Breaking News

Tweet TWEET

Sprint Seeks Peek at Private AT&T Filings in T-Mobile Deal

Sprint Nextel Corp. (S) asked the Federal Communications Commission to grant it access to confidential documents filed as part of AT&T Inc. (T)’s proposed $39 billion purchase of Deutsche Telekom AG (DTE) unit T-Mobile USA.

Sprint, the third-largest U.S. wireless provider, has sought to block the merger, saying it would stifle competition and prevent smaller companies from getting access to the best mobile phones and other devices.

In a document filed yesterday with the FCC, outside attorneys for Sprint signed confidentiality agreements in advance of possibly gaining access to filings that won’t be available to the public.

In public copies of its April 21 application filed with the FCC, Dallas-based AT&T omitted information it considered confidential, such as details of its service limitations and geographical market share. Sprint wants to be able to view the complete filings available to FCC staff.

Sprint, based in Overland Park, Kansas, said it retained law firms Lawler, Metzger, Keeney & Logan LLC and Skadden, Arps, Slate, Meagher & Flom LLP and consulting firm Charles River Associates.

AT&T and T-Mobile combined would have about 129 million subscribers, compared with 94.1 million for Verizon Wireless and 49.9 million at Sprint, based on year-end 2010 data.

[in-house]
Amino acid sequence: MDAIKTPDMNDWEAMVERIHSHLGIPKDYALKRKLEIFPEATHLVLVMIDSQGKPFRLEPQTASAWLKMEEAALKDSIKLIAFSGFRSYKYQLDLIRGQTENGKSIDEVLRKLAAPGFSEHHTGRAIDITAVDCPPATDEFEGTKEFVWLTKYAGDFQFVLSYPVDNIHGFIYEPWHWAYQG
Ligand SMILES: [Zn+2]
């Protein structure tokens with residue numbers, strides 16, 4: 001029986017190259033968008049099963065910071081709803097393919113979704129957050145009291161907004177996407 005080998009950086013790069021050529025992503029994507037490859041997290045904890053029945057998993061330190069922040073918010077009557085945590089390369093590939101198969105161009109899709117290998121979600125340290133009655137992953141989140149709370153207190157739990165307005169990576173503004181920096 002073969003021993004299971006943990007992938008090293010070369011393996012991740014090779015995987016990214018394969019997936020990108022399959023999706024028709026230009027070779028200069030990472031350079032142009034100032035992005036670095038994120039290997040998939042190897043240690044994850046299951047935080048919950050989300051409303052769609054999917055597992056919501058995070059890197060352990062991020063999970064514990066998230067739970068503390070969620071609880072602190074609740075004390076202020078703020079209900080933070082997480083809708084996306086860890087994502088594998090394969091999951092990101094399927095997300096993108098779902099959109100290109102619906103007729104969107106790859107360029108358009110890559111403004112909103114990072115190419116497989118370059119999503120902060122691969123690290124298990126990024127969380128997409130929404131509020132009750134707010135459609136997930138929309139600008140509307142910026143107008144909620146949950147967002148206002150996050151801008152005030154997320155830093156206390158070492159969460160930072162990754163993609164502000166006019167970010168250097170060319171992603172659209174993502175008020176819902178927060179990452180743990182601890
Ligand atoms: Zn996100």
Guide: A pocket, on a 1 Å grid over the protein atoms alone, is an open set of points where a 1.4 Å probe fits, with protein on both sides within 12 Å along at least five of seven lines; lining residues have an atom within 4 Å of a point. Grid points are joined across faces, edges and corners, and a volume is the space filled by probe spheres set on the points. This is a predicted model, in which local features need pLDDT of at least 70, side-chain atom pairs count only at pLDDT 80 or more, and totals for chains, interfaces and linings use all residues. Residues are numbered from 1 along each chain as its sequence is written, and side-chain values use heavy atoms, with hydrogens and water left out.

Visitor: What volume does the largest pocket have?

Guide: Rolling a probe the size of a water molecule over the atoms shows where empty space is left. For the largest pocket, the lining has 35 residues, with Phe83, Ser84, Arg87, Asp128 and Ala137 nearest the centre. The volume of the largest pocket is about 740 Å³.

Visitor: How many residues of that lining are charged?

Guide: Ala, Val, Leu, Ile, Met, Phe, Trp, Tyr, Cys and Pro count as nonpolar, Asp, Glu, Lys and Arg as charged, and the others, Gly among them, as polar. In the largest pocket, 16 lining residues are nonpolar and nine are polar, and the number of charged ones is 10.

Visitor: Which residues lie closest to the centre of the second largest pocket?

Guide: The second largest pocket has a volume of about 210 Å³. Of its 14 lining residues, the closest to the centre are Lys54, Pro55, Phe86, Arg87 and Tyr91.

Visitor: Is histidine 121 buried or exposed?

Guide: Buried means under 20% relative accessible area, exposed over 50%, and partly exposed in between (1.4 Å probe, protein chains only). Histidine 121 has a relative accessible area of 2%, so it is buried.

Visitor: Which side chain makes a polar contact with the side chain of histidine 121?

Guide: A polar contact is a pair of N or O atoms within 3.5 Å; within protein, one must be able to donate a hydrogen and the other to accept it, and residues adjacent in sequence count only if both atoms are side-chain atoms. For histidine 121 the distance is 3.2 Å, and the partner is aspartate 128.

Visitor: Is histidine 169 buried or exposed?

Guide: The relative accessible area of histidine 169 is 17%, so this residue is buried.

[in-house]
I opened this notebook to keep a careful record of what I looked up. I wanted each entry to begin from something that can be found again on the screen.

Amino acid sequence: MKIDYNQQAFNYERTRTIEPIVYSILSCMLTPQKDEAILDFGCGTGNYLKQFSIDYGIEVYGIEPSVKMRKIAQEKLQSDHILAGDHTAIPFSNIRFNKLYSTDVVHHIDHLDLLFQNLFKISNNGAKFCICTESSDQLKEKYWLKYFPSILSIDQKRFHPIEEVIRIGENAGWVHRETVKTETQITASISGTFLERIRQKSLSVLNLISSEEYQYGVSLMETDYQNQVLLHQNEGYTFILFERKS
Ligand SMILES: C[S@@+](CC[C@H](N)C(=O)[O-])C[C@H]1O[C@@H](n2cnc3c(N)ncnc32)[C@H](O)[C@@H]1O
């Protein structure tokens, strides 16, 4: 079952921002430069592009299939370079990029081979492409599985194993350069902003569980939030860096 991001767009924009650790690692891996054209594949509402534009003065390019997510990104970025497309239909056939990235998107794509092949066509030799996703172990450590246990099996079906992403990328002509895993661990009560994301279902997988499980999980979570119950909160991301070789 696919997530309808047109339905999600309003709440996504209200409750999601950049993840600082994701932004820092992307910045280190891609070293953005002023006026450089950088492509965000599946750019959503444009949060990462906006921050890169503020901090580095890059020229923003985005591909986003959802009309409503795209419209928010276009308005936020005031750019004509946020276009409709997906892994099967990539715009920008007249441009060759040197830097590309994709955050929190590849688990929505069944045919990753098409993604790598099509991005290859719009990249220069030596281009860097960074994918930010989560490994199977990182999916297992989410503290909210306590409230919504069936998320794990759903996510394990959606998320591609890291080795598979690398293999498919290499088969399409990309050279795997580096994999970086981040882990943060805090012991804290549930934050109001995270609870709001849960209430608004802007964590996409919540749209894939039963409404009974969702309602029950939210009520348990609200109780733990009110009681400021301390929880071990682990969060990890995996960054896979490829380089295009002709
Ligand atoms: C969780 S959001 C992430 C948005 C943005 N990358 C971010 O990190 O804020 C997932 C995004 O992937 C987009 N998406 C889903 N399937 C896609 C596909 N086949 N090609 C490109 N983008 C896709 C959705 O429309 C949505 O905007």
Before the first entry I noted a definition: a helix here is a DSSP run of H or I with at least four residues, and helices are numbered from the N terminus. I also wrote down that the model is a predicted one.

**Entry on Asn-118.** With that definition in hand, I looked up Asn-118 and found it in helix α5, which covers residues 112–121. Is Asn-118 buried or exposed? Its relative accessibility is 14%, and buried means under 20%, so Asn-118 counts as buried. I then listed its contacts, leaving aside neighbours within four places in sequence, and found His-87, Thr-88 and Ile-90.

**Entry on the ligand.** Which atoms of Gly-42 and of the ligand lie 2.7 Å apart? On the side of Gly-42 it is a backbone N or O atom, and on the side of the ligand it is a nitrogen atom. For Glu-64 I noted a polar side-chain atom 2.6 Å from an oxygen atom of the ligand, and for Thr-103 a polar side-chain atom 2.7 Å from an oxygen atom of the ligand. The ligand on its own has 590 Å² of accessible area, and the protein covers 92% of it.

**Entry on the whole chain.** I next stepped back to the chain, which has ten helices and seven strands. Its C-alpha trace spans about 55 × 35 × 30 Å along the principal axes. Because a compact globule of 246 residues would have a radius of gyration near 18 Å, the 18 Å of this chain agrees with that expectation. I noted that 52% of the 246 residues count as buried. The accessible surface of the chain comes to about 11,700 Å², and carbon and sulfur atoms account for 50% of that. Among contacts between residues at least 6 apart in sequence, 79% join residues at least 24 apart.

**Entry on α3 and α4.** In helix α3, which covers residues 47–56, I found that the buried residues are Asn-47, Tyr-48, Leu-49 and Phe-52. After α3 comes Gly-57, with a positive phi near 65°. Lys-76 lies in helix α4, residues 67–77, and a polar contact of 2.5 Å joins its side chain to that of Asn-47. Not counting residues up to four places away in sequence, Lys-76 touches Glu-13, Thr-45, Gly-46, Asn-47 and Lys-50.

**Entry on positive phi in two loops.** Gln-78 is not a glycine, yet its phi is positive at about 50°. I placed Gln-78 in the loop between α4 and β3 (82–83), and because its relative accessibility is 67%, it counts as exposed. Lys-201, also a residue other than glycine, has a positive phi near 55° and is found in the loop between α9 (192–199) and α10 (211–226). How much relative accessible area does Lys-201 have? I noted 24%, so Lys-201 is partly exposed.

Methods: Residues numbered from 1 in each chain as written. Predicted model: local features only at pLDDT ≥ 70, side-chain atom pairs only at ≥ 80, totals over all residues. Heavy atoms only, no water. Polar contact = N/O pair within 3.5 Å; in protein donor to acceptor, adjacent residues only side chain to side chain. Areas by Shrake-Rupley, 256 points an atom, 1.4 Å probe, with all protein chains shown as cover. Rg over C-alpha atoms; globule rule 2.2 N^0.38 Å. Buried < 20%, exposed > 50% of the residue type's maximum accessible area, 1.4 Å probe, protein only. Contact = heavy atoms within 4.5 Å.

“We cannot let this happen,” Sprint Chief Executive Officer Dan Hesse said April 15 at an event in San Francisco.

AT&T needs approval by the FCC and U.S. Justice Department for the acquisition to proceed.

Sprint added 1 cent to $4.81 at 4:01 p.m. in New York Stock Exchange composite trading. The shares have gained 14 percent this year. AT&T rose 39 cents to $30.94 and have risen 5.3 percent this year.

To contact the reporter on this story: Greg Bensinger in New York at gbensinger1@bloomberg.net

To contact the editor responsible for this story: Peter Elstrom at pelstrom@bloomberg.net

Press spacebar to pause and continue. Press esc to stop.

Bloomberg reserves the right to remove comments but is under no obligation to do so, or to explain individual moderation decisions.

Please enable JavaScript to view the comments powered by Disqus.